We analyzed the neural ensemble data with a Poisson hidden Markov model (HMM). A Poisson-HMM describes the activity of each single trial by a sequence of vectors of firing rates across simultaneously recorded neurons. Each vector of firing rates is a metastable ‘state’ of the neural activity. HMM allows to identify changes in neural state independently of external triggers, which have previously been linked to states of attention, expectation and decision making, to name a few.

For each experimental session, we fit the HMM to the neural ensemble starting from random initial conditions and different numbers of states (between 2 and 5) using maximum likelihood (Baum-Welch algorithm). The fitting procedure was repeated 5 times with new random initial conditions until a convergence criterion was reached (capped at 500 iterations). The model with the smallest BIC was selected as the best model. Post-fitting, a state was assigned to each 5ms bin of data if its posterior probability given the data exceeded 0.8. To further avoid overfitting, only states exceeding 0.8 for at least 50 consecutive ms were kept.

First, we looked for a relationship between trial difficulty and the first state transition time after S2 presentation. We found that faster state transitions occurred in easier trials (Fig. 1a), but no correlation was found with first transition times after the GO signal. This demonstrates that task difficulty modulates the neural dynamics during decisions, and this modulation occurs in the deliberation phase and is absent when the monkeys convert the decision into action.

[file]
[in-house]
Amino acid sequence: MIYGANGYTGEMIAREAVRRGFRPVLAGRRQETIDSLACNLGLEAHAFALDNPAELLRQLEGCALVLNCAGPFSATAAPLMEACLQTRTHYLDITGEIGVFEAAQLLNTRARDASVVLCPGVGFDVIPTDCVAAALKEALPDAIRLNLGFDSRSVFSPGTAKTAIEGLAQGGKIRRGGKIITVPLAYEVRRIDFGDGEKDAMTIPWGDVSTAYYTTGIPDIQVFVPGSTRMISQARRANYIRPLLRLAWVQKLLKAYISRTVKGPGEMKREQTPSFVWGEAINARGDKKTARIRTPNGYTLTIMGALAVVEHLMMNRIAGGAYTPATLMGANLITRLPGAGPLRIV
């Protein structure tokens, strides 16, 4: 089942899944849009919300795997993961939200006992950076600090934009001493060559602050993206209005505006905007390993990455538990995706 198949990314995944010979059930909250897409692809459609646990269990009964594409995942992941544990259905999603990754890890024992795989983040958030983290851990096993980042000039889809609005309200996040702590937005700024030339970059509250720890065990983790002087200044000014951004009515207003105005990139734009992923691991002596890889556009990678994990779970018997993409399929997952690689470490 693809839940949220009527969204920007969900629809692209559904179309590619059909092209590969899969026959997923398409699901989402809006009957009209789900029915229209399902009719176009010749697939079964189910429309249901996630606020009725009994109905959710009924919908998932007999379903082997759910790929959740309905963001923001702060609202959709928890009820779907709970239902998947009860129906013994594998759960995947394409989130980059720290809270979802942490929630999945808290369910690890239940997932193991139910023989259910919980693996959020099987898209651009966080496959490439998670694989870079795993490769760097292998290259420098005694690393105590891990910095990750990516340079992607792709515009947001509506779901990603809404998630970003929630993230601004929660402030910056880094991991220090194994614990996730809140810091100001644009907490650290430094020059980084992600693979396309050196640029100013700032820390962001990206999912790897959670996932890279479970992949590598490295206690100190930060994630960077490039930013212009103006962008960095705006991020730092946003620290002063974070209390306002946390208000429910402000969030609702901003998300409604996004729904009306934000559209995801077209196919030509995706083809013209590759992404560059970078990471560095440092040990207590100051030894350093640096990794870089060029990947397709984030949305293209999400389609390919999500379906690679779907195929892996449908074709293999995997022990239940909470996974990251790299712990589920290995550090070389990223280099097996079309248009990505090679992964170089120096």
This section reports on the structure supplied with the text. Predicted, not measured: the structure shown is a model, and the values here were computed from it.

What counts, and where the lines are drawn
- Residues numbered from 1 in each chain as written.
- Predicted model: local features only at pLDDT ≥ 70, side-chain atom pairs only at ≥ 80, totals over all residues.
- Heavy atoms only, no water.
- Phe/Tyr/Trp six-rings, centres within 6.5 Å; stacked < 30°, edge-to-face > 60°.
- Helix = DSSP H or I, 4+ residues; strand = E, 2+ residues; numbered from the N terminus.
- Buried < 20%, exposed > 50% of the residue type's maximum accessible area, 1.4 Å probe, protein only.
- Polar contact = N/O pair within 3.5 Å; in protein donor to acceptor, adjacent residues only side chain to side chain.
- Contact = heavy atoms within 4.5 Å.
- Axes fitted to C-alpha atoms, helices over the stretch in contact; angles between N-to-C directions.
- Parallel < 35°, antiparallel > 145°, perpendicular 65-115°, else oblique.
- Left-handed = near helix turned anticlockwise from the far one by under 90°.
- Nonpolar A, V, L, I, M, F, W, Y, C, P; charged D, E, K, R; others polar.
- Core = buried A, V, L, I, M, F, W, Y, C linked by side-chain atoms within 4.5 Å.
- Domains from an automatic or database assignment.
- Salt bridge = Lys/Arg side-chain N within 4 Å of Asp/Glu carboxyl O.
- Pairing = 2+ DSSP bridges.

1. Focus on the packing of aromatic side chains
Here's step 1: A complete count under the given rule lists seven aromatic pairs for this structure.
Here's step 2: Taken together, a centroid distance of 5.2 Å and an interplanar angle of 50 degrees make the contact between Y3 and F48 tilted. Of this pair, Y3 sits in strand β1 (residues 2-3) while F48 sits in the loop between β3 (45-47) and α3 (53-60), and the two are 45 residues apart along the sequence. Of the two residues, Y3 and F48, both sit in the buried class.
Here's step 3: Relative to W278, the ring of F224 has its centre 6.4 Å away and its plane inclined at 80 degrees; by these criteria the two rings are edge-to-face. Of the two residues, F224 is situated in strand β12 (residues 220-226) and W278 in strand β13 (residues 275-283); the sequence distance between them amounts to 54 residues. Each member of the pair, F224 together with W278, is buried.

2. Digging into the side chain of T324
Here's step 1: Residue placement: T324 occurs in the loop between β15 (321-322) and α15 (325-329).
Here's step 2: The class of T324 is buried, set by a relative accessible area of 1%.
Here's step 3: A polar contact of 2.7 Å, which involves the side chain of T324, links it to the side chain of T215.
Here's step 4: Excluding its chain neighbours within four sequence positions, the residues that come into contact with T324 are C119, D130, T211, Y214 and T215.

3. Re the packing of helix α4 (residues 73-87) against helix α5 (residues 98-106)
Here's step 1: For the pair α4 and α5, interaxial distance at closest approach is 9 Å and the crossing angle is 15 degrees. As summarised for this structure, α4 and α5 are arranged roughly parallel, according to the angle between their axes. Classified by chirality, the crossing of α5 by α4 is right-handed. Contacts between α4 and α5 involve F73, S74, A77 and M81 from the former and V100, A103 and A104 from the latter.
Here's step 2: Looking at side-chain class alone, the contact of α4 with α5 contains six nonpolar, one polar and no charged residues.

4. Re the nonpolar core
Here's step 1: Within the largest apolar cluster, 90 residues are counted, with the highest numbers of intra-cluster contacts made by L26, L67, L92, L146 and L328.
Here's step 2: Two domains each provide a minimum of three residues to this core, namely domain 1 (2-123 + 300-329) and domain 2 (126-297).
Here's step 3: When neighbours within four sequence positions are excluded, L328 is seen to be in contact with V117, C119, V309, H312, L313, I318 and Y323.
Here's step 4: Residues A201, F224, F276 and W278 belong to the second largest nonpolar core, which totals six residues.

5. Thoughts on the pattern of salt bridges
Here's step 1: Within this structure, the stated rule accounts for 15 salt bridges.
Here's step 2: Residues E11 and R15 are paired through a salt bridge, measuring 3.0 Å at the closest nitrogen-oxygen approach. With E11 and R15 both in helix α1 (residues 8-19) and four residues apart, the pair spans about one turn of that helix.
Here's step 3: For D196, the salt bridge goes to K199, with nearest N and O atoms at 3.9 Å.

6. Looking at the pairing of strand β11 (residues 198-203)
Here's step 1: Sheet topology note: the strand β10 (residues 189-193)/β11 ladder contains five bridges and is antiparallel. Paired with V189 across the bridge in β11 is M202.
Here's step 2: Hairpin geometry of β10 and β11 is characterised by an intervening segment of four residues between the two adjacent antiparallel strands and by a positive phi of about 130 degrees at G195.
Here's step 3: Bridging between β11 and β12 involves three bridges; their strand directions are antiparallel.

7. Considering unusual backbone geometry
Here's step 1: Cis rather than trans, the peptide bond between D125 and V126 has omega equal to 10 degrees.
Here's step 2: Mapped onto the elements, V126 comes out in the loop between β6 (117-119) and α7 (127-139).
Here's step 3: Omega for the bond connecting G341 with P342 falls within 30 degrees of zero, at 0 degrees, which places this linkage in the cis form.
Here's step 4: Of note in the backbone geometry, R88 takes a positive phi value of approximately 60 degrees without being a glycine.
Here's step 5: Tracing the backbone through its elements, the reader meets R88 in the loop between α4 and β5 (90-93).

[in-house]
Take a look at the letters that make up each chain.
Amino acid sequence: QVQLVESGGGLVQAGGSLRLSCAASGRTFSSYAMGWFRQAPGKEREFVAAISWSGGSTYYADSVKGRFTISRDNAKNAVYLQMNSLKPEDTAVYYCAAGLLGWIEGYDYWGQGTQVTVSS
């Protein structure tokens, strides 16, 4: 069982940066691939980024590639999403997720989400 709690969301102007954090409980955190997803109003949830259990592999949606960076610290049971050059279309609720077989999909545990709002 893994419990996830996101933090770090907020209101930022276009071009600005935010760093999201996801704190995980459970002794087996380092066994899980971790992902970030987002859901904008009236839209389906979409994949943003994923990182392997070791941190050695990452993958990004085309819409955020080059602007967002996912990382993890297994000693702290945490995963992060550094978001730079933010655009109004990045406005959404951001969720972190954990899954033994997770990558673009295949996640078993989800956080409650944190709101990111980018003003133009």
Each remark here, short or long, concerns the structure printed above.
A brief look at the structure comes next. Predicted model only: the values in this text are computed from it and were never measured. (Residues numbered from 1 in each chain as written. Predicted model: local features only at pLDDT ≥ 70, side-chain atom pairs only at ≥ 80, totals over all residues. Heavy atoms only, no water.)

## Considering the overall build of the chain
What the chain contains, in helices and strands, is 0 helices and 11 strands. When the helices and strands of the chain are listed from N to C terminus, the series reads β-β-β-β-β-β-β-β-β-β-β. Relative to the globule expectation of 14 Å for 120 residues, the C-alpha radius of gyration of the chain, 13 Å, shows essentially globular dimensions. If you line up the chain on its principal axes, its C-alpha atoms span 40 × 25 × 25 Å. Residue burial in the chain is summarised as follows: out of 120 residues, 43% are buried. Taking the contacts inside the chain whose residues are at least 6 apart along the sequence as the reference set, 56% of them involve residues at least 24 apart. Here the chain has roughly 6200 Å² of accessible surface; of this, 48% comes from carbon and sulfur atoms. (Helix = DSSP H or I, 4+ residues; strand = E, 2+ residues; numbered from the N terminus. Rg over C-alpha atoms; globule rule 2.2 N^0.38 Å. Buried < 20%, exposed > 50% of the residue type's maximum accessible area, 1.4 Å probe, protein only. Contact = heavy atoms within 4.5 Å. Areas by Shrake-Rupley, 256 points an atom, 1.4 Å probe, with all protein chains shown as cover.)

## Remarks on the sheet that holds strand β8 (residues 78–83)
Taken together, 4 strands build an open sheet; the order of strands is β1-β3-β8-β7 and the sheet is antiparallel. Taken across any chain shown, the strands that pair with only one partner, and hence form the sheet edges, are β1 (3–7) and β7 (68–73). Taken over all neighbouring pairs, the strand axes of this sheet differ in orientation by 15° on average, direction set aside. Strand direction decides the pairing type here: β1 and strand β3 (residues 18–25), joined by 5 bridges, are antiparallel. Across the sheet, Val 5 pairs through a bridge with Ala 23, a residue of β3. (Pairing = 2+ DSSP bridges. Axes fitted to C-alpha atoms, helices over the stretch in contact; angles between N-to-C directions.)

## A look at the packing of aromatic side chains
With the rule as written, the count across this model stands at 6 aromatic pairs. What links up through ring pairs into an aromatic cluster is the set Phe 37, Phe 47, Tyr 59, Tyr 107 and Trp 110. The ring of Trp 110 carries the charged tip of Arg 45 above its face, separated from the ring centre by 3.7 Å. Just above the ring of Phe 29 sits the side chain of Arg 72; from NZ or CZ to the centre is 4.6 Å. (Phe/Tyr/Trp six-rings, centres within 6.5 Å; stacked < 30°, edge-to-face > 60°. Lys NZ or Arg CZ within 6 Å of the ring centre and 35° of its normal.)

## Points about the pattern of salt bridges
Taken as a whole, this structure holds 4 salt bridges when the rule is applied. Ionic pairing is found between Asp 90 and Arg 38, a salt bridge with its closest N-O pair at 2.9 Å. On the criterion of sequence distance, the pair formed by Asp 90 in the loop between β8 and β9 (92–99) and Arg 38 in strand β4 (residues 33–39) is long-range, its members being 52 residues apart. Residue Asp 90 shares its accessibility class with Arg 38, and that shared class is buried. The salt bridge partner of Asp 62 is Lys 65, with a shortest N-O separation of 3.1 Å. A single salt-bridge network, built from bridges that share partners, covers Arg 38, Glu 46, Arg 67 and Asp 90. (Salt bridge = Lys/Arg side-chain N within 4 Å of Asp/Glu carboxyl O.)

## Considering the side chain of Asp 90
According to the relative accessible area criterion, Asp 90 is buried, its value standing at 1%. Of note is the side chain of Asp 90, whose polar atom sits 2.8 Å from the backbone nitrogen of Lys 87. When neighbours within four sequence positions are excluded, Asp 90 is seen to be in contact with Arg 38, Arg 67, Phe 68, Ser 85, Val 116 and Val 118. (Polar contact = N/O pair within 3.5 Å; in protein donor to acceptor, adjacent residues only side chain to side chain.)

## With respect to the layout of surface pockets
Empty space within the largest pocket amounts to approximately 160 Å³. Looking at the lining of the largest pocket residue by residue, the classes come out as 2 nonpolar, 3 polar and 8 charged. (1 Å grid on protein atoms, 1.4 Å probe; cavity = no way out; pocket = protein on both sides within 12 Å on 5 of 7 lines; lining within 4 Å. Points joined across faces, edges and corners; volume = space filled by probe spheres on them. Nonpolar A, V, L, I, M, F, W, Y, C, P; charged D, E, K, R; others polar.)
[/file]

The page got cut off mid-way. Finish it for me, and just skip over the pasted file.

Fig. 1

a First transition time after S2 evaluated across trial difficulties |S2-S1|. Higher |S2-S1| means lower difficulty. Dashed line is the linear regression interpolation (p<0.05). **=p<0.01, Welch’s t-test. b Mean state duration computed before and after the GO signal on correct and incorrect trials (2-way ANOVA, significant interaction and effects of trial type and time interval; p<0.001)

Second, we found that RTs were significantly longer in error trials compared to correct trials overall (p<0.001, t-test). Thus, we investigated the relationship between reaction times and neural dynamics. We focused on a larger time window, from 400 ms before S2 until the beginning of the following trial, in order to better capture the whole dynamics of state transitions. We found longer mean state durations after S2 in error trials compared to correct trials (Fig. 1b), a signature of a slowing down of cortical dynamics during error trials. The effect was largest in the period from S2 to the GO signal, i.e., during the deliberation period (2-way ANOVA, interaction term, p<0.001). These results indicate a global slowdown of the neural dynamics prior to errors as the neural substrate of longer reaction times during incorrect trials.

P92 Neural model of the visual recognition of social interactions

Mohammad Hovaidi-Ardestani, Martin Giese

Hertie Institute for Clinical Brain Research, Centre for Integrative Neuroscience, Department of Cognitive Neurology, University Clinic Tübingen, Tübingen, Germany

Correspondence: Mohammad Hovaidi-Ardestani (mohammad.hovaidi-ardestani@uni-tuebingen.de)

BMC Neuroscience 2019, 20(Suppl 1):P92

Humans are highly skilled at interpreting intent or social behavior from strongly impoverished stimuli [1]. The neural circuits that derive such judgements from image sequences are entirely unknown. It has been hypothesized that this visual function is based on high-level cognitive processes, such as probabilistic reasoning. Taking an alternative approach, we show that such functions can be accomplished by relatively elementary neural networks that can be implemented by simple physiologically plausible neural mechanisms, forming a hierarchical (deep) neural model of the visual pathway.